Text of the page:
On the other side stood important figures like Justin Martyr, Clement of Alexandria, and Origen. Justin accused the Jewish opponents of Christianity of deliberately rejecting certain pseudepigraphical books on the basis that they contained passages of apologetic use for Christian doctrine. To Justin such material was authentic Scripture. Clement regularly cited pseudepigraphical books in his writings (e.g., 1 Enoch), but does not appear to consider them canonical. He even cites Paul as advocating the use of “Hellenic books” like the Sibylline Oracles because of their usefulness. These oracles are in fact quoted hundreds of times in the Fathers. Origen’s attitude was much the same. It is clear from his work on the Hexapla that Origen considered the canon to be fixed along traditional lines. However, he freely quoted pseudepigraphic material to support his understanding of Scripture.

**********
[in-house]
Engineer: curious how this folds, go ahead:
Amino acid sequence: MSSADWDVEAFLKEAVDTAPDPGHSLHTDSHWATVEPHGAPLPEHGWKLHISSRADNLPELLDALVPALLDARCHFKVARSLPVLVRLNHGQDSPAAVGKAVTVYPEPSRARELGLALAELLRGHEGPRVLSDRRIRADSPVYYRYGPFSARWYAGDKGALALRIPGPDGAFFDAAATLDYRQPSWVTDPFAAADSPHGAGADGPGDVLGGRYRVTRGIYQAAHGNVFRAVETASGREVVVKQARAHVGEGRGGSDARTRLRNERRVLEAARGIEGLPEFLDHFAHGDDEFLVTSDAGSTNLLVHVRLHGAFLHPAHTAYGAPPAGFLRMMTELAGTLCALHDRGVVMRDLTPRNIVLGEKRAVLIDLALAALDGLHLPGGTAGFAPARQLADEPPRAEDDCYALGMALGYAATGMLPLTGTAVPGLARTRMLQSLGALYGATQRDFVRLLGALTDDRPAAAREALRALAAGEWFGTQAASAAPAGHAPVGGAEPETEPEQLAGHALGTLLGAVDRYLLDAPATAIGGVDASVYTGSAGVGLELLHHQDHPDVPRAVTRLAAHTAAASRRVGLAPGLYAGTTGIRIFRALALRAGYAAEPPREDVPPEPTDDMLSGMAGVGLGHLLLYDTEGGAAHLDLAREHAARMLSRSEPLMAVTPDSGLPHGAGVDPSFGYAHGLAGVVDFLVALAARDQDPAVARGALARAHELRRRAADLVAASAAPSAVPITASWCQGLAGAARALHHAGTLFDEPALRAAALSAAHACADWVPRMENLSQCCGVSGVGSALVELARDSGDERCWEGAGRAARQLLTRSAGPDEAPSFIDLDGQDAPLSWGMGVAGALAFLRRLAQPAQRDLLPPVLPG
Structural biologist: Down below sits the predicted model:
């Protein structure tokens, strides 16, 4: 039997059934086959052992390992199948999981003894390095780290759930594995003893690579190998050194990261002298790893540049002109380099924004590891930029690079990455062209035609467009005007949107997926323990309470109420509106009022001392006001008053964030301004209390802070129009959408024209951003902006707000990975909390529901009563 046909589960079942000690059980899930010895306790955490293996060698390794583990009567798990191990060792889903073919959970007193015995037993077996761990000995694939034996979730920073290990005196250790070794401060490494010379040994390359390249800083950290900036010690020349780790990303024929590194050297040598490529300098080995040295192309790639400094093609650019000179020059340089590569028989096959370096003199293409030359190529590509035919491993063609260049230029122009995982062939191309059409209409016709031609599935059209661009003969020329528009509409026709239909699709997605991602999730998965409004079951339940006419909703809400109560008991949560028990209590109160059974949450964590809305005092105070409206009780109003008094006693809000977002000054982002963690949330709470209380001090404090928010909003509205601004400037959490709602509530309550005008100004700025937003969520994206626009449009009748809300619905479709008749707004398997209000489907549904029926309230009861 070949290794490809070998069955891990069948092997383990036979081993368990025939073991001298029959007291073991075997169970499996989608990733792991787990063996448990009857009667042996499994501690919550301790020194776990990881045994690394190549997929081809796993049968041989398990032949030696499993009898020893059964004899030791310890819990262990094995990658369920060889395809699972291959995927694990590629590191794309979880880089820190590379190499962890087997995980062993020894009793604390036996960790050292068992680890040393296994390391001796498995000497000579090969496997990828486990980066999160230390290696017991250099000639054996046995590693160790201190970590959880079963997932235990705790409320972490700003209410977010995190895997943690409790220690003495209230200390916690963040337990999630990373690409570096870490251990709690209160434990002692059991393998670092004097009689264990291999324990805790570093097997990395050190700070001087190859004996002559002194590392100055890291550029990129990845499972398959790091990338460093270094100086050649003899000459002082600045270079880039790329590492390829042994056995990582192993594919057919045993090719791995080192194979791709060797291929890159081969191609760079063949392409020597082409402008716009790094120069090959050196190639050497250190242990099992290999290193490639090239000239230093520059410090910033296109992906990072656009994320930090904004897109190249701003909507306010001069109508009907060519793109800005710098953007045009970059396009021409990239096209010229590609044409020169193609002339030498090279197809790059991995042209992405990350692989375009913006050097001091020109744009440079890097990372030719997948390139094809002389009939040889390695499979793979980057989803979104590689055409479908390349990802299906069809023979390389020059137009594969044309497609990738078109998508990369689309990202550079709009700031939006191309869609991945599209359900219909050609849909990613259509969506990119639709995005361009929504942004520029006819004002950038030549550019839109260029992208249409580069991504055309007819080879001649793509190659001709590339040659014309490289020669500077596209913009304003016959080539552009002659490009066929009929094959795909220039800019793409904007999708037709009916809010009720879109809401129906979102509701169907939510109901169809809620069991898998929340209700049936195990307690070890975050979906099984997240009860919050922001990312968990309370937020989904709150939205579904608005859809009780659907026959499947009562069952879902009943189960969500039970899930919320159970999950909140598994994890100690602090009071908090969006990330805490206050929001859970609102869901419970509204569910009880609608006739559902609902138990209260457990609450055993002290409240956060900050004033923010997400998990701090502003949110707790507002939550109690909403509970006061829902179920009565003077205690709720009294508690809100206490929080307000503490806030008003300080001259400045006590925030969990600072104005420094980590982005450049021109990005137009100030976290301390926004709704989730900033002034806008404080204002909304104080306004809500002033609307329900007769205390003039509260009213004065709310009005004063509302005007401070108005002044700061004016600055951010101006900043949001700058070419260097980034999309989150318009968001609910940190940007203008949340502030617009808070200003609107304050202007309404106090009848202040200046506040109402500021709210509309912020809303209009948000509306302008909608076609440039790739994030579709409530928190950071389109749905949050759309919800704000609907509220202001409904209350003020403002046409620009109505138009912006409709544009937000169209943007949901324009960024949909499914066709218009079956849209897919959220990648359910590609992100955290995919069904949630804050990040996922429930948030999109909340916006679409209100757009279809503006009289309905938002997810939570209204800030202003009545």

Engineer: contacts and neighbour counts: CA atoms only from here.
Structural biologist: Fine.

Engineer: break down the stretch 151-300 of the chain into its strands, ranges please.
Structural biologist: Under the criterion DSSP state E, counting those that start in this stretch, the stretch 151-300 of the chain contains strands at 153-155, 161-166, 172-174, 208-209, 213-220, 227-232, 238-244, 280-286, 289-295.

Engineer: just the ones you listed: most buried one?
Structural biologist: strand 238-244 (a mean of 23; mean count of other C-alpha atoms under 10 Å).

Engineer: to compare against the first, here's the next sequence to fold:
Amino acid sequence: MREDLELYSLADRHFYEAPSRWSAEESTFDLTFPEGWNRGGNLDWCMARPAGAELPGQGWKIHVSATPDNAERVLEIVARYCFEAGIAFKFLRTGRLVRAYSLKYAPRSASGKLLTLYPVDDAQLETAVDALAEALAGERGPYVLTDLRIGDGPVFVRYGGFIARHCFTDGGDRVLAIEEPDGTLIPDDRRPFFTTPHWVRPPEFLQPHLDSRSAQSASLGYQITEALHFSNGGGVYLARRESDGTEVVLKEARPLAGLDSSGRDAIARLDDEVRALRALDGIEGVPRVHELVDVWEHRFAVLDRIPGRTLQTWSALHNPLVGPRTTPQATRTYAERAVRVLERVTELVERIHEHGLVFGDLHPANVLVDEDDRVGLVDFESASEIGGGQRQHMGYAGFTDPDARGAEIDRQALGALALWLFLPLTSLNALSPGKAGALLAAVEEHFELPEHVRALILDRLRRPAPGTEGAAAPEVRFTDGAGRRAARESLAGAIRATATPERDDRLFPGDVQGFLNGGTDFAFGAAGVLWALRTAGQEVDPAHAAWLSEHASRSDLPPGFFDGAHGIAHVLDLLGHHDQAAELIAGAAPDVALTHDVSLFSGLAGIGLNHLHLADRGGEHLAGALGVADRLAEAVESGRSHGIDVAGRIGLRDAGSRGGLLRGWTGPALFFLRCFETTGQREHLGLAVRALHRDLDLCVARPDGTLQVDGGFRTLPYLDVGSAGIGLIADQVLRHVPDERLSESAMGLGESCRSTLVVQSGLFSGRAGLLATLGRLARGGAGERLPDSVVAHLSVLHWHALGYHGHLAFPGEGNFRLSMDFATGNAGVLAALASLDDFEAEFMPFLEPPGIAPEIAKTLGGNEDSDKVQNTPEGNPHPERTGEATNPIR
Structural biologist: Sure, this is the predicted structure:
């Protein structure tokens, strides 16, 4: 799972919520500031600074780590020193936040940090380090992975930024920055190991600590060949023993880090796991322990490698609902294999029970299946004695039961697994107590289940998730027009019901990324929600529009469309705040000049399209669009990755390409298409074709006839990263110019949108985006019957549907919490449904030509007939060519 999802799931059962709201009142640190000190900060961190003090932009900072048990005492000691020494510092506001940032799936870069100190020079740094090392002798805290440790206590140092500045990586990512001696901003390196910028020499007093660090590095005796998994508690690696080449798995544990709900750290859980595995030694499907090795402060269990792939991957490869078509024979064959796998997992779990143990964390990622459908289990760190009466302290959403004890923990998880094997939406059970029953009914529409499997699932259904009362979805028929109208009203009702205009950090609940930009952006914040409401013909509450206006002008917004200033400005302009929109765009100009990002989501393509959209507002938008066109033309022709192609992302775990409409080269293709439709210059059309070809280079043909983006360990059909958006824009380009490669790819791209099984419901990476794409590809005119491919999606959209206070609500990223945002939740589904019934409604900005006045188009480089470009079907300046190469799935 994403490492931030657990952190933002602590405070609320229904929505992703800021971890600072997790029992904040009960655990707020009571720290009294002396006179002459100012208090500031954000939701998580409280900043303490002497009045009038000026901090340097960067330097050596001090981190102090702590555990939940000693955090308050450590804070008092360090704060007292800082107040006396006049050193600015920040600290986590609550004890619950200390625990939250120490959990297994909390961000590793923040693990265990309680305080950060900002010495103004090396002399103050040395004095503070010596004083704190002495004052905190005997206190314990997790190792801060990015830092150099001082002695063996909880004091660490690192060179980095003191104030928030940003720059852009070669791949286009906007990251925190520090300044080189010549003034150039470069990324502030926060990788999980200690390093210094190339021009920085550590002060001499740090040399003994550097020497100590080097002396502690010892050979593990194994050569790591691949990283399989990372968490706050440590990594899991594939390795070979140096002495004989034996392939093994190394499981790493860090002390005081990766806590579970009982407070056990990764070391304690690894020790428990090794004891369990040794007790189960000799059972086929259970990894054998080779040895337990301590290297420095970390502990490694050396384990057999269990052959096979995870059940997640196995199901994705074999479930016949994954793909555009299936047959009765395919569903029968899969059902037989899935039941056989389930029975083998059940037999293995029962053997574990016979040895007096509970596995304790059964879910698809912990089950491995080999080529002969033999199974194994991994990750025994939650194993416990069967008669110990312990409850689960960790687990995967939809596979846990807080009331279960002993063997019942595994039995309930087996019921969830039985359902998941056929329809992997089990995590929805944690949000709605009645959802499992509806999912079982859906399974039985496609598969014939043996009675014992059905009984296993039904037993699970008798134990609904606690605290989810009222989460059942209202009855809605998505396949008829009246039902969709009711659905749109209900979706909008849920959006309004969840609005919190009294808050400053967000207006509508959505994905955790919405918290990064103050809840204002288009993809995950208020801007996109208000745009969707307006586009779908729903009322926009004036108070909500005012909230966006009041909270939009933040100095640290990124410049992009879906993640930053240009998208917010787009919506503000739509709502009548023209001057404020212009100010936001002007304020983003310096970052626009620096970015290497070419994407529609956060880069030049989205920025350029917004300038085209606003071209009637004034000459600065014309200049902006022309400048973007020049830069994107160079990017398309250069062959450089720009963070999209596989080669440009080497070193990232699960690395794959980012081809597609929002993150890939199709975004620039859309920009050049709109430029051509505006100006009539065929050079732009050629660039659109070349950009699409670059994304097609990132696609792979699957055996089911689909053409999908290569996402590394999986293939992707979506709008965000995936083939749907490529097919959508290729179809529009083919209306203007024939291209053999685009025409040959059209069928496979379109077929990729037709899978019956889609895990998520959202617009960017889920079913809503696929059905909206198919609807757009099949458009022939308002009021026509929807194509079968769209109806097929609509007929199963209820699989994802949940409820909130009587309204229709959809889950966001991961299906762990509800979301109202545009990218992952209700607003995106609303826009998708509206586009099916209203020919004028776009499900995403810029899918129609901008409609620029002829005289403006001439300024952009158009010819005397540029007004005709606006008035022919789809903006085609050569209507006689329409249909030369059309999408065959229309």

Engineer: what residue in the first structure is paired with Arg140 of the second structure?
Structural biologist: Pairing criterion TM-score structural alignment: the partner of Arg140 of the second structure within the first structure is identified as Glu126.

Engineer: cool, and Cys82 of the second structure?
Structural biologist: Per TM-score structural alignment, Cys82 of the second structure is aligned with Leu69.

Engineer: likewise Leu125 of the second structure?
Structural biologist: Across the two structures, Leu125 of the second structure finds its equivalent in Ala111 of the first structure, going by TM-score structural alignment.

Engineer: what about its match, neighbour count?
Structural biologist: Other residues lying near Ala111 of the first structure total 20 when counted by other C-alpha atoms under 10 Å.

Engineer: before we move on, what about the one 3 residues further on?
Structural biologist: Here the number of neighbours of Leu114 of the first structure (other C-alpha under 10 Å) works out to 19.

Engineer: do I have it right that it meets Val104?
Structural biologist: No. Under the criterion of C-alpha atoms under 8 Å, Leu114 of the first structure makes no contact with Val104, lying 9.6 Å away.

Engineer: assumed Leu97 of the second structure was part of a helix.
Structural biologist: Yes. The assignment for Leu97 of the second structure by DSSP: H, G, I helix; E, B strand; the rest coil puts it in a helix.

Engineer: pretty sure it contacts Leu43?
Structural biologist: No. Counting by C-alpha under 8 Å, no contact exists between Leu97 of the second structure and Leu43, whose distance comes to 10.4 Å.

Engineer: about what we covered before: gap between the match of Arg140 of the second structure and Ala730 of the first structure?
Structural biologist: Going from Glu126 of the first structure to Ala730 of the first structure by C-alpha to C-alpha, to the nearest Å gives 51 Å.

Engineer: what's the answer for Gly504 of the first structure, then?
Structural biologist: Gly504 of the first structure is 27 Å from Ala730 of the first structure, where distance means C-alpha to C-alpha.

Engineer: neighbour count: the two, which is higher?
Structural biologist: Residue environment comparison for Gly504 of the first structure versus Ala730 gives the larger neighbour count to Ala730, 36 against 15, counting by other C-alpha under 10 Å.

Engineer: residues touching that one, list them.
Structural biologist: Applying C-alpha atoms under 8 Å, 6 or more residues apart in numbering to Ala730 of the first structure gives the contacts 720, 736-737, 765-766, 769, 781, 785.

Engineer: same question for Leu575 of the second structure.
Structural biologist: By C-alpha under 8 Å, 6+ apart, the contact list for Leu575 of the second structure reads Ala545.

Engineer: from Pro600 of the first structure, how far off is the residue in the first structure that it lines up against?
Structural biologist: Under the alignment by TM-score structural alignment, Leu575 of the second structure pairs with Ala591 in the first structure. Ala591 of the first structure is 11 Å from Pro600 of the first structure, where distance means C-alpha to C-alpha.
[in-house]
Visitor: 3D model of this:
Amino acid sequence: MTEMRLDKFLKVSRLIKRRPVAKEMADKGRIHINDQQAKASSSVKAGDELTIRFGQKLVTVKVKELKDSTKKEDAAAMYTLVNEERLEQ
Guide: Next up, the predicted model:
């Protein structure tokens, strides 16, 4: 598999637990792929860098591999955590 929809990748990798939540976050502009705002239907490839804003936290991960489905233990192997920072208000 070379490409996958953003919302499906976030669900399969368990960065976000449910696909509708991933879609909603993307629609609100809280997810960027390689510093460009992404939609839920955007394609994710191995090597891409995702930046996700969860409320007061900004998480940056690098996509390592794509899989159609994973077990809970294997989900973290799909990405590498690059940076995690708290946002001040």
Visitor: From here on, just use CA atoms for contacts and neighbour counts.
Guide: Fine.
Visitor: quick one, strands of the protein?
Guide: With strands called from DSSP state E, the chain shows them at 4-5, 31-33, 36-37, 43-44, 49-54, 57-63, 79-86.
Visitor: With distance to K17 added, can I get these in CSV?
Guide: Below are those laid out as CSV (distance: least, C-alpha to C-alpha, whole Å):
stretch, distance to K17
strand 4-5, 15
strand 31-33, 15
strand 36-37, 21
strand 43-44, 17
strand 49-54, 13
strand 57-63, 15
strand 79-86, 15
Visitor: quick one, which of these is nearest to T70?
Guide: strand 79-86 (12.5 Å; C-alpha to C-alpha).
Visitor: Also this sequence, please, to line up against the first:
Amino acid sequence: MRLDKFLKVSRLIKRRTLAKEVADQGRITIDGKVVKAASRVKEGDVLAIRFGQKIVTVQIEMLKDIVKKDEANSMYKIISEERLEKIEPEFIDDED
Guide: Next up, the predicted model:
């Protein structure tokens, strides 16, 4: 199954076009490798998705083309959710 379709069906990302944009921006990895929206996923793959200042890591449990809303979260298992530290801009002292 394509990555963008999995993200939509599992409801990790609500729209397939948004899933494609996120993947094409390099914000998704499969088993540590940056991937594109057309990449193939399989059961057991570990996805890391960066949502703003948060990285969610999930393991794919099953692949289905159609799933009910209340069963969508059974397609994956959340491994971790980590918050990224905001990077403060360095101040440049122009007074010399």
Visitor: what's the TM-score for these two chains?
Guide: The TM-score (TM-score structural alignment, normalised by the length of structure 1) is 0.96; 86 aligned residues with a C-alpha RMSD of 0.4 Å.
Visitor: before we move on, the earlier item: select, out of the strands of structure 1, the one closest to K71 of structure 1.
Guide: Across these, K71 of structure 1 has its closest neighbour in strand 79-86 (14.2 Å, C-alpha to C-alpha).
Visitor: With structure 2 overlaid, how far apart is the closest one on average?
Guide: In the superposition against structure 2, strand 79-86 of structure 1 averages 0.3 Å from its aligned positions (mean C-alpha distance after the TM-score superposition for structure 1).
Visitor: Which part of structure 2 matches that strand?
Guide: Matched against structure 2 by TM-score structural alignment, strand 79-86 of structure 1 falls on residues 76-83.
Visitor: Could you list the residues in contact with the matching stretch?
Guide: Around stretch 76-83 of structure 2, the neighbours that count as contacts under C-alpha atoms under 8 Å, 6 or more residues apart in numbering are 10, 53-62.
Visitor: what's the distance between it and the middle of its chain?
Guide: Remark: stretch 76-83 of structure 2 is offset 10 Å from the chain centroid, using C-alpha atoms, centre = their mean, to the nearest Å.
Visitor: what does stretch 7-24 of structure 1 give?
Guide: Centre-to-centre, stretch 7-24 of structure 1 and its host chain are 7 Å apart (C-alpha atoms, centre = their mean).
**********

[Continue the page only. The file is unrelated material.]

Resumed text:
Jude forthrightly claims that he was led by God in the writing of his epistle (see notes on Jude 3). He referred to the dispute of Michael with Satan over the body of Moses (Jude 9) and the prophecy of Enoch made even before the great Flood (Jude 14). These two events are known elsewhere only from the pseudepigraphical books known, respectively, as and . Jude’s inspired references to these books do not, of course, mean that the books themselves were inspired writings, but rather that certain portions of them did convey authentic histories. They were written some time before the time of Christ, and apparently, whatever their original source may have been, did have at least some true historical records preserved in them. Consequently, Jude gives us certain fascinating insights into the ancient world which had not been inscripturated before.